Love your neighbor? Turning the other cheek? None of these things. Polish extremists tried to build a dictatorship no less ruthless than the Nazi one. In addition, they claimed that ... that's exactly what God wants.
The openly fascist National-Radical Movement (colloquially:ONR "Falanga"), which functions to this day, was created as a result of a split in the National-Radical Camp, which has been operating since 1934. The group, led by Bolesław Piasecki, outstripped other nationalist groups in its radicalism.
Its members, the so-called "bepists", who are supporters of "national egoism", became famous, among other things, for the postulates of introducing bench ghettos and the principle of numerus clausus at Polish universities. Limiting the number of students of Jewish origin, as well as the vision of creating the Polish Organization of Cultural Action, aimed at the nationalization - "revival" - of Polish culture.
The vision of the nationalists under the sign of the Falanga fully manifested itself only in the concept of the Catholic State of the Polish Nation. It was announced and adopted during a solemn mass, during the pilgrimage of national movements to Jasna Góra in May 1936. The postulates of KPNP boiled down to proposing a totalitarian system based on ... the Catholic faith! Paradoxical as it may seem, the creators of the concept did not see any contradiction between them.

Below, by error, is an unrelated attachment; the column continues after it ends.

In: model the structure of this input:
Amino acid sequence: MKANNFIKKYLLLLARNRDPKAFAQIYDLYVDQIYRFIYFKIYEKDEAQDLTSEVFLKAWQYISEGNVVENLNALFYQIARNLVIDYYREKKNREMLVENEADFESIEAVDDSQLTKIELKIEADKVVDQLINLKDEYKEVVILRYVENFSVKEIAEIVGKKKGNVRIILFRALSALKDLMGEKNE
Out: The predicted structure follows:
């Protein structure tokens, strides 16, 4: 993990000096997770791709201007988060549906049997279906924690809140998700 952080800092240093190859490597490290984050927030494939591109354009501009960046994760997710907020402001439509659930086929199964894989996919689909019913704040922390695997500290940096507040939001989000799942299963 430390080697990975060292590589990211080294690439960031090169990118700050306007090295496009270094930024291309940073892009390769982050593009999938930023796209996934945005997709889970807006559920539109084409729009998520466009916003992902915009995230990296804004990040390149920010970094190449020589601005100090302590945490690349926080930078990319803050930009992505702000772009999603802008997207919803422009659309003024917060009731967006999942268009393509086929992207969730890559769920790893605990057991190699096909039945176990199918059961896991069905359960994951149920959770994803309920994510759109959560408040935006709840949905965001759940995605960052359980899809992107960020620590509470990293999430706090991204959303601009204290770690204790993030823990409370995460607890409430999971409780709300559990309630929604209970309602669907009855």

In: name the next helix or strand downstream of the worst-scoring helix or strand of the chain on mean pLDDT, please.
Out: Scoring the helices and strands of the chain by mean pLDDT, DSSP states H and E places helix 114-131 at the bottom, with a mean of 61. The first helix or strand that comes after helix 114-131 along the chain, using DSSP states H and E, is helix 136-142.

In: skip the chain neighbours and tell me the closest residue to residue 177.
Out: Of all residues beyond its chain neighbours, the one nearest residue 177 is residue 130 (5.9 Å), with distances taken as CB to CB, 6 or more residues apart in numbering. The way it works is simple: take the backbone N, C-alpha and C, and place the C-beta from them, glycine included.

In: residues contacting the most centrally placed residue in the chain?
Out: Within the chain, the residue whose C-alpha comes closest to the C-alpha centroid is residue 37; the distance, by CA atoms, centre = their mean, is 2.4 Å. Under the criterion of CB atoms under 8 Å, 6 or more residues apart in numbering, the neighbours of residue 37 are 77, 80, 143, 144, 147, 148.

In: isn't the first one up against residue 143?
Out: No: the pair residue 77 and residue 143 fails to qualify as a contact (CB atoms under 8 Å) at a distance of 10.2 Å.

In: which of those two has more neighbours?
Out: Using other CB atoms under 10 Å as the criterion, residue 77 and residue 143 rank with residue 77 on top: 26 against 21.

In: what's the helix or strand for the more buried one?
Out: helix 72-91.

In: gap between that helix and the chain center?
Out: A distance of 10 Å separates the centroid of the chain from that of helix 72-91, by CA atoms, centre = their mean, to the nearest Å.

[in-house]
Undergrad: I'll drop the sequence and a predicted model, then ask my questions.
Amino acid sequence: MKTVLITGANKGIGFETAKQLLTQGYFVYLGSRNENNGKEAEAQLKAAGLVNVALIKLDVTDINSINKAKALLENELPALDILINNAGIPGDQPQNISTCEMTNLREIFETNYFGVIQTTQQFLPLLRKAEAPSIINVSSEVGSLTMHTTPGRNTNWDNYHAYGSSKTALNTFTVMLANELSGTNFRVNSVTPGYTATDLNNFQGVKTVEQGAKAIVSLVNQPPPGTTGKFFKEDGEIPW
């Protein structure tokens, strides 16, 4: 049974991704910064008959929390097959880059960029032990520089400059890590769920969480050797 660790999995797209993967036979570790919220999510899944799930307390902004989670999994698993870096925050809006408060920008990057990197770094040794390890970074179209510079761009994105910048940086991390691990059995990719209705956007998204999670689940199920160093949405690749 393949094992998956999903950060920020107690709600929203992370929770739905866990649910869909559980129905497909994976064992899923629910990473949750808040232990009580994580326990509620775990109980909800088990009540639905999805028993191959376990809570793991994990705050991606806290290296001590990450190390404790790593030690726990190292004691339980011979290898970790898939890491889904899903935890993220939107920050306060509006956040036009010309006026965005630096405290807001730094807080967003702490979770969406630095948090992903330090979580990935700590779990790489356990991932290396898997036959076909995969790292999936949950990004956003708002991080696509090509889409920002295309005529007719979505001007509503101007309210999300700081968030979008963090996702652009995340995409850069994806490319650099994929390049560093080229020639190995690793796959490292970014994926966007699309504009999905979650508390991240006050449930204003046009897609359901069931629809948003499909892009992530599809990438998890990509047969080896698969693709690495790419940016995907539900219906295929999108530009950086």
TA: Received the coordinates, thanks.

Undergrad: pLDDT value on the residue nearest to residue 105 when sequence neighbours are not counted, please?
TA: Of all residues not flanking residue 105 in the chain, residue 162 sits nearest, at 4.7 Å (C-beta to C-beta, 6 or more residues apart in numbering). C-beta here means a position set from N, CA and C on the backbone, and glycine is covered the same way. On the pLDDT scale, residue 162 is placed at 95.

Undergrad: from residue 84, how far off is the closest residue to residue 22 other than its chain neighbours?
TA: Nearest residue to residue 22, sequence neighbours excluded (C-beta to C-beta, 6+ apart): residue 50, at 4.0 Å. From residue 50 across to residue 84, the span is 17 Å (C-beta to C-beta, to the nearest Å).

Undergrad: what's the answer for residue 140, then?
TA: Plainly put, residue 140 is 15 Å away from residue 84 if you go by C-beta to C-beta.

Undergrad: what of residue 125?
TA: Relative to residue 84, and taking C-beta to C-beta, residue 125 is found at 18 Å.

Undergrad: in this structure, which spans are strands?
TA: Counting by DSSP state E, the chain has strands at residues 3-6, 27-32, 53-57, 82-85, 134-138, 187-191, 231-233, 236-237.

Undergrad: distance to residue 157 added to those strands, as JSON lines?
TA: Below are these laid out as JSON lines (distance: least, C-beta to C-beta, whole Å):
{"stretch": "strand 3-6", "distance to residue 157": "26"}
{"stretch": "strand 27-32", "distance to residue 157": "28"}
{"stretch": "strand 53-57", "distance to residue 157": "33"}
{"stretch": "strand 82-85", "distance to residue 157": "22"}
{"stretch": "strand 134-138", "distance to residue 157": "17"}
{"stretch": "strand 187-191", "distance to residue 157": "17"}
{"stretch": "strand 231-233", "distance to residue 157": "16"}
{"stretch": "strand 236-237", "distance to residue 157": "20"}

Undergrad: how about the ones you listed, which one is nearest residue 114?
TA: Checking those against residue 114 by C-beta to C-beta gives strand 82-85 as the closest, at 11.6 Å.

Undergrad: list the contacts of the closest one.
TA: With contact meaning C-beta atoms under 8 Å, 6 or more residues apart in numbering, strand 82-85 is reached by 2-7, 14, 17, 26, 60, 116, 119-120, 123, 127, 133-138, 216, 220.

Bolesław Piasecki (in front of the microphone) during the great rally of the ONR "Falanga" organized on November 28, 1937 in the Staniewski Circus in Warsaw (source:public domain).
Catholic totali (tary) zm
Basing the concept of KPNP on Catholic principles resulted from the synthesis of Catholicism and nationalism that is characteristic of "Falanga". The main ideologists of the movement - Jan Ludwik Popławski, Zygmunt Balicki and, of course, Roman Dmowski, emphasized that the overarching bond of Poles was, is and must be the Catholic faith. In this way, national ethics became de facto Catholic ethics. As Dmowski wrote:
The Polish state is a Catholic state. It is not because the vast majority of its population is Catholic (...) but our state is a nation-state, and our nation is a Catholic nation .
At the same time, it was not individual individuals, but the state that were to be responsible for the salvation of the nation - it claimed the right to exercise power over the consciences of citizens by interfering with every area of their lives. Nationalists strongly opposed the democratic system, considering it a "Jewish bastard of the nineteenth century." The cure for the entire "Masonic-Jewish" misfortune of Poland was to introduce the "ravishing masses into the heroic efforts" of Catholic "totalizm".
The Montesquieu's principle of the separation of powers was also dealt with:its rejection was to resolve potential conflicts in the area of the rule of law. Particular emphasis was placed on the need to integrate the judiciary into government structures. This is how Poland was to transform into the Catholic State of the Polish Nation
Salvation through the nation